Researchers from the College of Nursing, Wayne State University in Detroit looked at who uses CAM practices (Complementary & Alternative medicine or the preferred term these days: Integrative Medicine) among survivors in the U.S. cancer population.
The study used the 2002 National Health Interview Survey (NHIS), with a sample of 2,262 adults (aged 18 years and older) diagnosed with cancer, representing more than 14.3 million cancer survivors in the United States .

NHIS interview data on the use of CAM practices (diet, yoga, tai chi, qigong, meditation, guided imagery, relaxation, and deep breathing) were examined in relationship to gender, age, education, race, provider contact, cancer diagnosis, pain, insomnia, fatigue, depression, and health status.

The study found that CAM practice use was more prevalent among female, middle-aged, Caucasian, and well-educated subjects.  Twenty-six percent of women used them, compared to 13.7 % of men.   Pain, depression, and insomnia were strong predictors of practice use.  Men were more likely than women to try special diets and qigong.  Women were more likely to use deep breathing, meditation, relaxation, guided imagery, yoga, and tai chi.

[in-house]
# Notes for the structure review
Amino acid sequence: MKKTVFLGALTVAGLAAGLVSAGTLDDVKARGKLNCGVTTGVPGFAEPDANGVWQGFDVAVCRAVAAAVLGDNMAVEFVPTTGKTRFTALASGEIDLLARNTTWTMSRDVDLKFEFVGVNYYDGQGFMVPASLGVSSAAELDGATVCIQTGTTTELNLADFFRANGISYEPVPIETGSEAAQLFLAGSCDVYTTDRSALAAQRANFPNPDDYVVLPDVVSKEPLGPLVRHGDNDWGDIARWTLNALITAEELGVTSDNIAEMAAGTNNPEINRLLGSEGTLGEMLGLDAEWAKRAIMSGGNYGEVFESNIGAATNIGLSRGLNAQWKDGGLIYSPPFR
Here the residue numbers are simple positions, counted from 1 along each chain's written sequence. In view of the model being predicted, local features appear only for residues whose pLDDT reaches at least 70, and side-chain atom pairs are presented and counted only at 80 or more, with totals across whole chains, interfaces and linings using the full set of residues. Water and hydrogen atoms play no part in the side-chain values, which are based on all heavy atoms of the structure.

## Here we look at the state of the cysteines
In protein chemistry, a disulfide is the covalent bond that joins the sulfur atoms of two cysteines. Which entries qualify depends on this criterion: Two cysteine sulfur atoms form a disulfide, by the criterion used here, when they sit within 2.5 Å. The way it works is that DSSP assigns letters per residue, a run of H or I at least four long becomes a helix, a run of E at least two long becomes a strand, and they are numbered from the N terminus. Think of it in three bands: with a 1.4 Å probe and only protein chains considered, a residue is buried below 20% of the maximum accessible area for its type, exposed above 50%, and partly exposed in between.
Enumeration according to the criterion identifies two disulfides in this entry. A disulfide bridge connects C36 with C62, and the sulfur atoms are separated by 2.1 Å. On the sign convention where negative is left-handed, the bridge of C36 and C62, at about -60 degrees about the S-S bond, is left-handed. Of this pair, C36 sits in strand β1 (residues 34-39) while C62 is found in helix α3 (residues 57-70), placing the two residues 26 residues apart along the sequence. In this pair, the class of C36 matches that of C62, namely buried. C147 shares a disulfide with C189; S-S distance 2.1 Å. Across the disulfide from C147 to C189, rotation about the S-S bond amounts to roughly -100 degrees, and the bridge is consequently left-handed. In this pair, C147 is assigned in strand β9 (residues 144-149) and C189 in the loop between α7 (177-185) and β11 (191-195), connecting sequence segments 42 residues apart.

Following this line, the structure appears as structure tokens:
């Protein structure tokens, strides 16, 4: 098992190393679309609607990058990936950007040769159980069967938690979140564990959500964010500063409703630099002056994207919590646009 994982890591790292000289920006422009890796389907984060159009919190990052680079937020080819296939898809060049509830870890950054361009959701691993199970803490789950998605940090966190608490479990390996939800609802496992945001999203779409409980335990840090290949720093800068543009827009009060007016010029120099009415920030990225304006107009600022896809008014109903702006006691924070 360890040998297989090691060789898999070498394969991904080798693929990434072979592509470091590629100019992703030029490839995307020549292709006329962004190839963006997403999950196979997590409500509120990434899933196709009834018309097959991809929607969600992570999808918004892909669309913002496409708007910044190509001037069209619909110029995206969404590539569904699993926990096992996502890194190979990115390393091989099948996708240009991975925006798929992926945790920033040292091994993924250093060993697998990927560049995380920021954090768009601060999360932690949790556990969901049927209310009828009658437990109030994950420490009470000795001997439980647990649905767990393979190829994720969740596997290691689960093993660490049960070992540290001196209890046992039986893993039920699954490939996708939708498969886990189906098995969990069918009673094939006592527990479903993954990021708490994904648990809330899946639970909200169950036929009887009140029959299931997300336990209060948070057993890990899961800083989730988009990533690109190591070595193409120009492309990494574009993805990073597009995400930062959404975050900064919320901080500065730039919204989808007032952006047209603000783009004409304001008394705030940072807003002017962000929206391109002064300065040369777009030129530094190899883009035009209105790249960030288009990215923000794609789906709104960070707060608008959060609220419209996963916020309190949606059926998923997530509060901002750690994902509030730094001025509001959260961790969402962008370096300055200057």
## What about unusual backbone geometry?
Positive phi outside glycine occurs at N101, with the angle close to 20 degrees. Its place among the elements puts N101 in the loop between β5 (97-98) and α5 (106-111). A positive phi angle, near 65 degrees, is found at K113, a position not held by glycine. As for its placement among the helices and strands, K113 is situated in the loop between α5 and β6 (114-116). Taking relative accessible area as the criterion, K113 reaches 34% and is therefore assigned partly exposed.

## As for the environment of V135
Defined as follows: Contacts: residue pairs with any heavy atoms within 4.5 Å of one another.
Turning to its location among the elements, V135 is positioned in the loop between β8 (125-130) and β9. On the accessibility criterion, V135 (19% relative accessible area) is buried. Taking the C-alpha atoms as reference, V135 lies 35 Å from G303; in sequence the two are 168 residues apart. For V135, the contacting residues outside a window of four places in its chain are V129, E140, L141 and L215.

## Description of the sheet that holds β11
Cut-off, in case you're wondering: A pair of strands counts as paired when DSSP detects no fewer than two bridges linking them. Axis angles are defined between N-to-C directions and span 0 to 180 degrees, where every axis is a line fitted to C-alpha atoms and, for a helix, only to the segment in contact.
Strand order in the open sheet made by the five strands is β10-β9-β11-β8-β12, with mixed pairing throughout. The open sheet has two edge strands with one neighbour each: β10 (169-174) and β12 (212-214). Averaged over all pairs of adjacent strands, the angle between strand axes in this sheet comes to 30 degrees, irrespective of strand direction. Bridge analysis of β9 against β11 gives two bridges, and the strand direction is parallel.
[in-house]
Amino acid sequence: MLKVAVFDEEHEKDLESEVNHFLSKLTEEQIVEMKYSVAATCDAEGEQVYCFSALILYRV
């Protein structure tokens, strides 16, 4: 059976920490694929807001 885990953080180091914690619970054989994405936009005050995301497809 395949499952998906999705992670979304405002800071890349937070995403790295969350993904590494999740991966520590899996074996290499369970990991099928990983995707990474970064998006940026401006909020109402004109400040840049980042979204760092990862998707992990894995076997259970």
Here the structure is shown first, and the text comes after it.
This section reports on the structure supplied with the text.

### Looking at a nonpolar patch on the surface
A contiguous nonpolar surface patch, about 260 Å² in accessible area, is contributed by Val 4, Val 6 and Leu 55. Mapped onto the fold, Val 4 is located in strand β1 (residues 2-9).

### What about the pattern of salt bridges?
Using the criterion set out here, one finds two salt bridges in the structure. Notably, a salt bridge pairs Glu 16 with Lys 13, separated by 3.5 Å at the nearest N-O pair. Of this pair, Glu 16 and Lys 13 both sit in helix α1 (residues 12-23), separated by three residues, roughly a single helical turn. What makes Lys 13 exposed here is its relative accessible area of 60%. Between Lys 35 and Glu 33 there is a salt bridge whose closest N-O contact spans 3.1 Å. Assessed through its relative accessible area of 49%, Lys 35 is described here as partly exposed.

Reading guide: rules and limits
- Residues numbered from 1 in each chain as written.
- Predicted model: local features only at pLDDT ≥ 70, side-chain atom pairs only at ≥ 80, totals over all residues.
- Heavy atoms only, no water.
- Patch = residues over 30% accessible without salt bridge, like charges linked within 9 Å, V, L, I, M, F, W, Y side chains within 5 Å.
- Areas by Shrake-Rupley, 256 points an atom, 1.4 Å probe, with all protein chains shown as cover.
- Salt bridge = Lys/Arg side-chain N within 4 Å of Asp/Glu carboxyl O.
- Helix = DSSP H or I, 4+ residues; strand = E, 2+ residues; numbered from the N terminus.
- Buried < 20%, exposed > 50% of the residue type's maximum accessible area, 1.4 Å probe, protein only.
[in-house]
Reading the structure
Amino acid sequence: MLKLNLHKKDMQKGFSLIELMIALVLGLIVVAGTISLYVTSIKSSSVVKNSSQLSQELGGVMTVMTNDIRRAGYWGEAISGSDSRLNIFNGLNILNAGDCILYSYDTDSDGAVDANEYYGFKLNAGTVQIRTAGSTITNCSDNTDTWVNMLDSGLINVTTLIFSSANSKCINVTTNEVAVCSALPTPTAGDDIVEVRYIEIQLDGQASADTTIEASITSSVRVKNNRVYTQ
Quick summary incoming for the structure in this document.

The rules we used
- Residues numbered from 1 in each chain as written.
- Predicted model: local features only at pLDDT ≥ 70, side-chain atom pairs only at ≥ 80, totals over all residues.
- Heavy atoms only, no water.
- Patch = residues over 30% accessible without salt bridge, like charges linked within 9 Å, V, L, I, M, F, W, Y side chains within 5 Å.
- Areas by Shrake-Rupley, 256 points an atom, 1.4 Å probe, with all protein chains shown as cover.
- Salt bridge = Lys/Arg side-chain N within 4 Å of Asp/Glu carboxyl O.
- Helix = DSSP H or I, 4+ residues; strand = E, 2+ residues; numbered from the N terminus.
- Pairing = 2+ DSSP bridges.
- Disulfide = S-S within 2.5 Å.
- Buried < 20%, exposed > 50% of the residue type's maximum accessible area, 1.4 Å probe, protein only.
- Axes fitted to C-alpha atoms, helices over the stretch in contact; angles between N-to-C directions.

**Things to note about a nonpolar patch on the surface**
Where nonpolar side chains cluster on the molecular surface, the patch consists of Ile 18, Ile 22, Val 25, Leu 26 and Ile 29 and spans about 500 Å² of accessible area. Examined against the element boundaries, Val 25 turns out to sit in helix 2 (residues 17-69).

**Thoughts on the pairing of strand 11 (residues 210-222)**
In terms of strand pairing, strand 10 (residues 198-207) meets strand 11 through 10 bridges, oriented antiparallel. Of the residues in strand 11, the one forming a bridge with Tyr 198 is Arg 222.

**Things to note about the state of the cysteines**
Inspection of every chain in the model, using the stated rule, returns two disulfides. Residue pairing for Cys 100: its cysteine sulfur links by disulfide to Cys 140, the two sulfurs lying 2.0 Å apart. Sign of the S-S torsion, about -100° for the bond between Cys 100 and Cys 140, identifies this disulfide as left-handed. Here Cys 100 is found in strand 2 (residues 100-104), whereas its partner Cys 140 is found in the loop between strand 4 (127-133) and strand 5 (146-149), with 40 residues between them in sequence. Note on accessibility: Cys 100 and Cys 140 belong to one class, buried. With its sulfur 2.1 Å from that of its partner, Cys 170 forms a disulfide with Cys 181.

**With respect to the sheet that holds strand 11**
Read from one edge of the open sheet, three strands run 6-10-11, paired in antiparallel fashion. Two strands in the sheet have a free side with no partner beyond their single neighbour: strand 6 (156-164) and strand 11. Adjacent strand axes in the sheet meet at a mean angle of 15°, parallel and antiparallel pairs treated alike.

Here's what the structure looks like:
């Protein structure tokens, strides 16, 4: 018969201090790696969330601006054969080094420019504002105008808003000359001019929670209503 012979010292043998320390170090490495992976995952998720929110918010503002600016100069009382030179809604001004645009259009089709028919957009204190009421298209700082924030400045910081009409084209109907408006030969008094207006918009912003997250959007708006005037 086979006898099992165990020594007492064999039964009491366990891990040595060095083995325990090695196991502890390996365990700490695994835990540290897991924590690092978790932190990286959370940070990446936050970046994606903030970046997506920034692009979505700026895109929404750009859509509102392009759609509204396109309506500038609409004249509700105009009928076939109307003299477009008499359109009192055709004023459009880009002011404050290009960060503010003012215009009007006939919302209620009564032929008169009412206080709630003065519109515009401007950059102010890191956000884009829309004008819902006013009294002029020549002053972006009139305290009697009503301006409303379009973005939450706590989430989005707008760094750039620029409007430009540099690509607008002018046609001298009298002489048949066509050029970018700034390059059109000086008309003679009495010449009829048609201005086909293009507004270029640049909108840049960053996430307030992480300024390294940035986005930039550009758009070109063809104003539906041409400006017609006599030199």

The investigators conclude that CAM practices are widely used by the U.S. cancer population, especially women. Symptom experience influences likelihood of use, with the odds increasing for men when they report symptoms. The authors recommend that oncology nurses integrate self-care CAM practices into standard care, to help with symptom management.
Citation: Fouladbakhsh JM, Stommel M. Gender, symptom experience, and use of complementary and alternative medicine practices among cancer survivors in the U.S. cancer population. Oncology Nursing Forum. 2010 Jan; 37 (1):E7-15. [email protected]